10. Try to manage future expectations.  New working patterns agreed as a result of a flexible working request have contractual force and employees whose requests are accepted tend to perceive that the arrangement is absolute and permanent.  But you should try to manage their expectations by making it clear in your policy, or when you agree to a request, that you might have to review things in the future if other employees in the business or in the same team make flexible working requests or indeed if the circumstances in the business change.

This post first appeared on Employment Radar.

Who owns the copyright of a picture taken by a monkey?

In the first of his regular podcasts, IP partner, Nick Kounupias speaks about the recent dispute over the copyright of a picture taken by a black macaque and other recent IP related stories in the press.  Listen to Nick here.

A warning to businesses trading in unsettled or volatile countries

A while ago DMH Stallard interviewed EMS Physio for our report on how SMEs were raising their game and meeting the challenges of exporting abroad. The report entitled “Venturing Abroad, practical advice on getting into new markets overseas”, details a wide range of issues encountered by organisations already exporting successfully.

EMS Physio design and manufacture medical equipment for the medical sector, specifically electrotherapy equipment for physiotherapists. Most of us that have had sports injuries or suffer from aches and strains will be familiar with ultrasound. They export across the globe including the Middle East, Africa and South East Asia and their export performance remains impressive.

However the success of this export strategy has had unforeseen consequences for the business, that led to events seriously jeopardising its future. (more…)

Vast majority of SMEs still concerned about growth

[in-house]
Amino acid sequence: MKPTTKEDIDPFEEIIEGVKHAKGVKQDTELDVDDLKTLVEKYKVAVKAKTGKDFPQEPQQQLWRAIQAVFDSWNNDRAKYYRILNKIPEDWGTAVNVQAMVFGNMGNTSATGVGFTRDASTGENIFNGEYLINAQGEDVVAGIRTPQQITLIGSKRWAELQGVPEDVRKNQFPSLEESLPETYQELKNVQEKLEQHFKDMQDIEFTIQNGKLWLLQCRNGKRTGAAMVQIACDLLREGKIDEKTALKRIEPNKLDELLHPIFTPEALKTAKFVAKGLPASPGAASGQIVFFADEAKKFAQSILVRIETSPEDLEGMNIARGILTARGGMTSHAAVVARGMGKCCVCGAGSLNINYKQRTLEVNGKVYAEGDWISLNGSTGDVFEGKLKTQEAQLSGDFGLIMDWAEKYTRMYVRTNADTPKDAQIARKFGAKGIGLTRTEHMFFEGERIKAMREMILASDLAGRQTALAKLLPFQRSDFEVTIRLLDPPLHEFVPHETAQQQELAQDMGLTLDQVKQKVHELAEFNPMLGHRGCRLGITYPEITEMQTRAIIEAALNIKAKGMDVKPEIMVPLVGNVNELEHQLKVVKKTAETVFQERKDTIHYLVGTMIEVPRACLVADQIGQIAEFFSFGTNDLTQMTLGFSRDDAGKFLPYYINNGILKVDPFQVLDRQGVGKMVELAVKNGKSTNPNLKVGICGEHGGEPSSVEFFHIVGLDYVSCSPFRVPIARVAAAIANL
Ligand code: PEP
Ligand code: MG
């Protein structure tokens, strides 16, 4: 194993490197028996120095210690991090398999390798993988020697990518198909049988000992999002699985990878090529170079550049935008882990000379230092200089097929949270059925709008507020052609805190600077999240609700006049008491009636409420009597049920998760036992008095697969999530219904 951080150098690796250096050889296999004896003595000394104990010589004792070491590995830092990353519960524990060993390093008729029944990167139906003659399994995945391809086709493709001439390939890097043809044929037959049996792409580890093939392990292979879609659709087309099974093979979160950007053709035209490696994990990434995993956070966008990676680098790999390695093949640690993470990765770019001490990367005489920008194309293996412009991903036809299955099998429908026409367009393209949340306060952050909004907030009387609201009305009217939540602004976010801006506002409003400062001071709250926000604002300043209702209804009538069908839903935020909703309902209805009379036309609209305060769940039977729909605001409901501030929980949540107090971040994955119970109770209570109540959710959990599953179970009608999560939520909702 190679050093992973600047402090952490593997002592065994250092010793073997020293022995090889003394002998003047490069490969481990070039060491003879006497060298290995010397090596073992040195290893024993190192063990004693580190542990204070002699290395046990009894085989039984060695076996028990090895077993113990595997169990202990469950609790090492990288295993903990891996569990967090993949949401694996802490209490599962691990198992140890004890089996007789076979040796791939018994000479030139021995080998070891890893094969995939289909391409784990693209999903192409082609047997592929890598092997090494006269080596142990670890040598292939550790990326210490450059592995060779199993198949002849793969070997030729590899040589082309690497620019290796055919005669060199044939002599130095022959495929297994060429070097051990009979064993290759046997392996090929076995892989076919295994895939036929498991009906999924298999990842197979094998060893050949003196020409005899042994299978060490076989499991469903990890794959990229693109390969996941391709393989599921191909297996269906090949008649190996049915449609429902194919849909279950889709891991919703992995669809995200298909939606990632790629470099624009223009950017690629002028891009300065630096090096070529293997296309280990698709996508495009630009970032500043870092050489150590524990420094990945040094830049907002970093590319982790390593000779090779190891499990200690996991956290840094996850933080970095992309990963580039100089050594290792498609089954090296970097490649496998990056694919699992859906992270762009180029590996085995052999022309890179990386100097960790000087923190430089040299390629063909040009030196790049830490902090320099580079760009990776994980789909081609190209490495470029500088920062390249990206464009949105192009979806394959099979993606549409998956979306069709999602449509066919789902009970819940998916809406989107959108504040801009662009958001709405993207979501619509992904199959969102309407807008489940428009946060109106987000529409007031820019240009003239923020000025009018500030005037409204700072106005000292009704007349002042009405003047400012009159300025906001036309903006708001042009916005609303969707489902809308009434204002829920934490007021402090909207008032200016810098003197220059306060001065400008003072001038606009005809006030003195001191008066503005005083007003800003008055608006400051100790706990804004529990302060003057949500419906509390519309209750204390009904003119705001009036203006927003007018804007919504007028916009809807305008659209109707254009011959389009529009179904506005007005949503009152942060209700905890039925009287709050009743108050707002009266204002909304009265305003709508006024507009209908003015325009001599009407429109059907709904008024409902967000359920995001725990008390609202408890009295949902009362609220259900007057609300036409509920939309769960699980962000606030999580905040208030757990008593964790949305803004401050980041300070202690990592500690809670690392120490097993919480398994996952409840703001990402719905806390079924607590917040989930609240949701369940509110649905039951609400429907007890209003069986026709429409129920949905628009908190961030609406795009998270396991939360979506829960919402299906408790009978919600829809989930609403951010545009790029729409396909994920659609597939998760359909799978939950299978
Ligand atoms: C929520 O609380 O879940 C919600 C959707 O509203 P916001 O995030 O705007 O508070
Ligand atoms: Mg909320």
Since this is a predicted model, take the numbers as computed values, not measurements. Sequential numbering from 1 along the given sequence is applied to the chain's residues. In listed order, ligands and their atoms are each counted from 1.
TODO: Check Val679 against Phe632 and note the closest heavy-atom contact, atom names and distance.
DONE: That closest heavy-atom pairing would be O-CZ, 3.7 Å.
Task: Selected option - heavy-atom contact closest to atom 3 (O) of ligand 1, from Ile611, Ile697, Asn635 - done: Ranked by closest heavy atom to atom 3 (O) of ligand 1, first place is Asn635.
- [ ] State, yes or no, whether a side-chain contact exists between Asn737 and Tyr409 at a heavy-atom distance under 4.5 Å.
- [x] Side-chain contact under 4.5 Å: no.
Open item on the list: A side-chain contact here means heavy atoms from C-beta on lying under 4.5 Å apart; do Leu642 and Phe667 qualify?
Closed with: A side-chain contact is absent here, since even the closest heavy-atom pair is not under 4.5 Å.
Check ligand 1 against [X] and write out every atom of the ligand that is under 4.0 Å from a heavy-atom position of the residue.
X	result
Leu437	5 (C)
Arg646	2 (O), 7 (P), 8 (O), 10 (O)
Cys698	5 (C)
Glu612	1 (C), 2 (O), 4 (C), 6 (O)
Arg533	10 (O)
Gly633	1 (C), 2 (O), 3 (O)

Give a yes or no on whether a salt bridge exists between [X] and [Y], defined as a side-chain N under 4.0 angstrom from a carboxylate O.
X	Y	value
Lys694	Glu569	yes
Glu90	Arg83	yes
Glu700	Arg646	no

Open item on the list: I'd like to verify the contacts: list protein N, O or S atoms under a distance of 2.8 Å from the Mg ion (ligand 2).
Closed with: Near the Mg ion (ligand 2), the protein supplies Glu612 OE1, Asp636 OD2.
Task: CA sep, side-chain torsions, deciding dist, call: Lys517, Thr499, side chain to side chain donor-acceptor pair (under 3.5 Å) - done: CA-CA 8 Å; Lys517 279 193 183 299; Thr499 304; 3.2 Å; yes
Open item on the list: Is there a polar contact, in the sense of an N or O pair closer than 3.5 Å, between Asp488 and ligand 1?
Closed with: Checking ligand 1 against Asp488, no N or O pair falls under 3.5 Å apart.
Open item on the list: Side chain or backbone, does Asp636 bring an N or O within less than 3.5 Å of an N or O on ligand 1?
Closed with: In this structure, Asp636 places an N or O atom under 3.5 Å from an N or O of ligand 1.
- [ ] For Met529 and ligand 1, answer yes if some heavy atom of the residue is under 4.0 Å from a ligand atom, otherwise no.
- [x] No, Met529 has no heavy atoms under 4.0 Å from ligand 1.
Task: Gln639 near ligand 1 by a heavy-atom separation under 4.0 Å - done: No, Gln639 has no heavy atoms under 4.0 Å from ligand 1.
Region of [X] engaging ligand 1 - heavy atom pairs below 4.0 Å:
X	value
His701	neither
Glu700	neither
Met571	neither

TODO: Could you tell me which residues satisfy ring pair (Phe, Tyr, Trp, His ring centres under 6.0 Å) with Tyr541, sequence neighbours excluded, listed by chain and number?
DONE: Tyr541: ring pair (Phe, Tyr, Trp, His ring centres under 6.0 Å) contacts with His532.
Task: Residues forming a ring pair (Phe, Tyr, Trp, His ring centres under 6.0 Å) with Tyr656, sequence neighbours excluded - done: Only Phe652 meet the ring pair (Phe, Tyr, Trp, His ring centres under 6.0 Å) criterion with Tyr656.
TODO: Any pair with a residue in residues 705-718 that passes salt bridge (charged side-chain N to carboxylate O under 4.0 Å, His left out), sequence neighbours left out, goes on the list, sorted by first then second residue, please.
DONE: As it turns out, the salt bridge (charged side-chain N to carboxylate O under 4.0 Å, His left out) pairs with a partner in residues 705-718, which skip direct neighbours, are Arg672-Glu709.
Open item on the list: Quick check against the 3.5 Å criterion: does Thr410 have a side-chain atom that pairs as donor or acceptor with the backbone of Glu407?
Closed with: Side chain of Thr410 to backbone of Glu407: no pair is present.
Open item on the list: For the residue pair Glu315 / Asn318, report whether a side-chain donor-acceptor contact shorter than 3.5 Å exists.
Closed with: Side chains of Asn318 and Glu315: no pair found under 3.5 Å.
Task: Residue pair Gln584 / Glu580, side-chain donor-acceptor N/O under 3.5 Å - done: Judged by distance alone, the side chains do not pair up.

The vast majority (84%) of senior decision makers from British SMEs say they are concerned about the current economic climate, with three in five businesses not confident that the economy will improve over the next year.

This is according to the latest quarterly SME Risk Index from global insurer, Zurich, and polled by YouGov, surveying over 500 senior SME decision makers. (more…)

Growth Deals Bring promise to local economies

With the announcement last week of the Government’s Growth Deals, the first phase of the £6 billion investment into local projects is now underway.

The money will go towards providing support for local businesses to train young people, create thousands of new jobs, build thousands of new homes and start hundreds of infrastructure projects; including transport improvements and super-fast broadband networks.

Full details of the projects that are going on in your area are available here. For more information on the growth deals announced by Coast to Capital LEP click here, and by Enterprise M3 LEP click here.

About SME Rocket

If you are a fast growing SME, no matter your sector, with an average annual turnover of £2.5-£100 million then this blog will give you insight into business critical issues. Your company is one of a number of unsung heroes in the UK economy and you are very important to the UK.